"Gave him eight hundred bucks, and told him to take Wanda Witch away for the holidays." I gazed at the rows of sleek sports cars and efficient-looking SUVs gleaming in the tequila sunset. Palm trees rustled overhead. Tinny Christmas carols issued from the loudspeakers in not so subliminal messaging.

I could see Jake's reflection in the nearest windshield, big and blonde and buff. "Eight hundred bucks? You have eight hundred bucks to throw around?"

I shrugged. "I'll write it off as his Christmas bonus."

"Uh huh." I could feel him studying my face. "Well, Mr. Trump, is there any point in our going inside?"

"Did you never hear of the great American tradition of financing?"

He snorted. I met his tawny gaze. "How the hell is running away supposed to solve anything?" he asked, and for a second I thought we were talking about something else entirely.

"I wasn't looking for a long term solution." And before Jake could say anything, I added, "I doubt if I need one. They're kids. They have the attention span of ... what is it? One minute for each year of life. We're looking at twenty minutes of terror. Tops."

Jake's lips twitched, but he said, "And these kids are all part of some witch's coven based out of Westwood?"

I stroked the hood of a silver Subaru Forester. "New meaning to the word 'Teen Spirit,' huh?" I checked the sticker price on the window. "From what I've picked up, they all took part in some class on demonology or witchcraft about a year ago. I guess somebody inhaled a little too much incense during the lab."

"They went off and started a coven?"

"I'm guessing. It's not like Angus has been forthcoming on the subject. Revealing Count Chocula's secrets carries a stiff penalty."

Red and green Christmas lights strung across the lot flashed on. They reminded me of glowing chili peppers, but maybe I was subconsciously influenced by the Mexican restaurant across the street. I remembered I hadn't stopped for lunch. My stomach growled. I wondered if Jake could take time for dinner. We hadn't seen much of each other lately.

"You shop around, you compare prices, you get the vehicle right for you," he observed, watching me linger over the Forester.


"You don't need another gas guzzler. How about something in a coupe? How about something pre-owned?"


Reluctantly I moved down the aisle of cars to a blue two-door. Tinted windows, power sun roof, Bose speakers. The price was right, too. 'Climate controlled.' What did that mean? Air conditioning?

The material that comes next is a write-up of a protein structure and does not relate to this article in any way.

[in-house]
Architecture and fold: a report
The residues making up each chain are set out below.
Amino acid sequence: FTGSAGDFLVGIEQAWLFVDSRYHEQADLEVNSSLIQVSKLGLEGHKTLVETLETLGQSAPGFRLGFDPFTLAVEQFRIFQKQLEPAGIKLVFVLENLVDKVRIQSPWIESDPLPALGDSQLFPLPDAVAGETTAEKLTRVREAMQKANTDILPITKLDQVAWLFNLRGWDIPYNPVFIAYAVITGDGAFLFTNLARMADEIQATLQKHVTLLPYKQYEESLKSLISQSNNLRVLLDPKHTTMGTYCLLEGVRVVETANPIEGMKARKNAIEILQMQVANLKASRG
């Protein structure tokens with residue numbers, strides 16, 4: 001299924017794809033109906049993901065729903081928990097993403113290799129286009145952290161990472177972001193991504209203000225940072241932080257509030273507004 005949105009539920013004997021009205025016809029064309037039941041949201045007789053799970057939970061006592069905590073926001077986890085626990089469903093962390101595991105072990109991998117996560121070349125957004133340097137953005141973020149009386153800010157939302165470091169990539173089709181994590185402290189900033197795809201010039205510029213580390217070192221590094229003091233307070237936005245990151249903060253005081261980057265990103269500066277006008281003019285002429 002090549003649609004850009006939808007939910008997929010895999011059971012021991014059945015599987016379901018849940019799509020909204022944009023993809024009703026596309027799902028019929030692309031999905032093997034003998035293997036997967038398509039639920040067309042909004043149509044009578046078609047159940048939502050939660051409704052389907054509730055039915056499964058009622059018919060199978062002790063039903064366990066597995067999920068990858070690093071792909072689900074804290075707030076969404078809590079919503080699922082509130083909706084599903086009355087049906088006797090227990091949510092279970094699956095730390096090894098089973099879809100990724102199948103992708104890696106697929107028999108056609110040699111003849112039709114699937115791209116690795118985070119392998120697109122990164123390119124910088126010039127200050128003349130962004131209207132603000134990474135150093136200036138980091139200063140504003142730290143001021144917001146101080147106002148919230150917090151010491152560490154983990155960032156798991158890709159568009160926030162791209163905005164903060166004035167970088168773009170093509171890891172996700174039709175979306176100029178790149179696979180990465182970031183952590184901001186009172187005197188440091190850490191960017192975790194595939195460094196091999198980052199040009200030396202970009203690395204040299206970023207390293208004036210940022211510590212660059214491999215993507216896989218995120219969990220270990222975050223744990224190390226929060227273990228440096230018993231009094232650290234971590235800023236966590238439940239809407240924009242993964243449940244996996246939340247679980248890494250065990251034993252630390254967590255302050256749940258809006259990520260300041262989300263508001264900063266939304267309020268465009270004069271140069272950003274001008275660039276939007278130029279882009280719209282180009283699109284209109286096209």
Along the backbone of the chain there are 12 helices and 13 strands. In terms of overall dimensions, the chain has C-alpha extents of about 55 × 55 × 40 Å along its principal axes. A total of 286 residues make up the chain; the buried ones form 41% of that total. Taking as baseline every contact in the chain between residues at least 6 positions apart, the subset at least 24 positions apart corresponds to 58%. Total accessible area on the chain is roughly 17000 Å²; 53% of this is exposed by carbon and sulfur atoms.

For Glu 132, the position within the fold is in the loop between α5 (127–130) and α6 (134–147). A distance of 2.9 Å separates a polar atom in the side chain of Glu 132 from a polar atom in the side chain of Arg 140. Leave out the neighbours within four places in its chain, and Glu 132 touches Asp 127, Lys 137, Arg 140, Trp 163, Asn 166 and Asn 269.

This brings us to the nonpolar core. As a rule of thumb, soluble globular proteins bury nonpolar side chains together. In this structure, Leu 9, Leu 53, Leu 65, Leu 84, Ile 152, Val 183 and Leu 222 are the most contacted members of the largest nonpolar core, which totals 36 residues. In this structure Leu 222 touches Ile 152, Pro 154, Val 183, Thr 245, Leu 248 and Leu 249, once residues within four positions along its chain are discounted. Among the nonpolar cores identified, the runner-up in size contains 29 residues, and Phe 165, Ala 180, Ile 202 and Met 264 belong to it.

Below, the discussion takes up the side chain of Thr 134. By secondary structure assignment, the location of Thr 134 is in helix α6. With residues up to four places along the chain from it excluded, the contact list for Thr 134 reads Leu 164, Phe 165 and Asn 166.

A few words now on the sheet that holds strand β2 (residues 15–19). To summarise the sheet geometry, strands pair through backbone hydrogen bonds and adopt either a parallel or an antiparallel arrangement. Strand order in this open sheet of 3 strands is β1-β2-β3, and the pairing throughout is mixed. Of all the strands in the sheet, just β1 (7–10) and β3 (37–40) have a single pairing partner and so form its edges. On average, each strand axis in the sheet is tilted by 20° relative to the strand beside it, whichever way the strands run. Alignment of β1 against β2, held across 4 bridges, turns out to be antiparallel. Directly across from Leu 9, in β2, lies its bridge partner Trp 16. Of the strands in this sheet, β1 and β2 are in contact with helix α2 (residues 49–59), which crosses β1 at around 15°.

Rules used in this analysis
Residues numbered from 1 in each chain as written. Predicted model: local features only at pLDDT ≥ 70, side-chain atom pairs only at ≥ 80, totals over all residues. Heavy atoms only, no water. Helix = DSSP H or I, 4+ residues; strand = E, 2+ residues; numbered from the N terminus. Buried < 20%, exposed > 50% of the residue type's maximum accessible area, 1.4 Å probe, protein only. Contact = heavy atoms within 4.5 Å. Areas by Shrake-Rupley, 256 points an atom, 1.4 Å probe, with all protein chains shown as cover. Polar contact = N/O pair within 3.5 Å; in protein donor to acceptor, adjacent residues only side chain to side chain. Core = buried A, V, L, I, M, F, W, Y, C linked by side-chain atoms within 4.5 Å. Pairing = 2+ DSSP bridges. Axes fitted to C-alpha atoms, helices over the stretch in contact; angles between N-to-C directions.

Jake said suddenly, grimly, "Believe it or not, this kind of thing can get way out of hand. Hollywood PD turned up a Jane Doe in the Hollywood Hills about a month ago. Word is she was the victim of a ritual killing."

"You mean, like, Devil worshipers?"

I was mostly kidding, but Jake said thoughtfully, "I kind of wish you hadn't sent the kid out of town. I'd have liked to talk to him."

"You can't think Angus is involved in anything like that," I protested. "He's a little odd, granted, but he's a decent kid."

"You have no idea what he is, Adrien," Jake, a ten year veteran of LAPD, said in that cop tone he got when I exhibited signs of civilian naïveté. "You've employed him for a few months, that's all. You hired him through a temp agency. You think they ran any serious security check?"

"You think it's necessary for working in a mystery bookstore?"

He wasn't listening. "There's this whole Satanic underground we've been hearing about since the Eighties. There may not be evidence of an organized movement like some religious groups claim, but we've seen plenty of injuries and deaths resulting from people taking this stuff seriously. And plenty of people turning up in psyche wards. It's ugly and violent, but a lot of kids are attracted to it."

"So hopefully this scares the hell out of Angus, and he gets it out of his system." I tried to picture myself behind the wheel of the coupe, gave it up, and headed back to the silver Forester.

* * * * *

When I finished signing the loan docs, Jake and I went across the street and grabbed some dinner. I had just traded in the Bronco, and since the dealership was going to install a stereo system, I needed a ride back to my place. Jake let himself be coerced.

While we waited for our meal I watched him put away two baskets of tortilla strips. He munched steadily, as though he were being paid by the chip, gaze fastened on a wall planter bristling with plastic bougainvillea.

"Everything okay?"

Still crunching, he paused in mid-reach for his Dos Equis. "Sure. Why?"

"I don't know. You seem preoccupied."

"Nope." He swallowed a mouthful of beer, eyes on mine. "Everything's cool."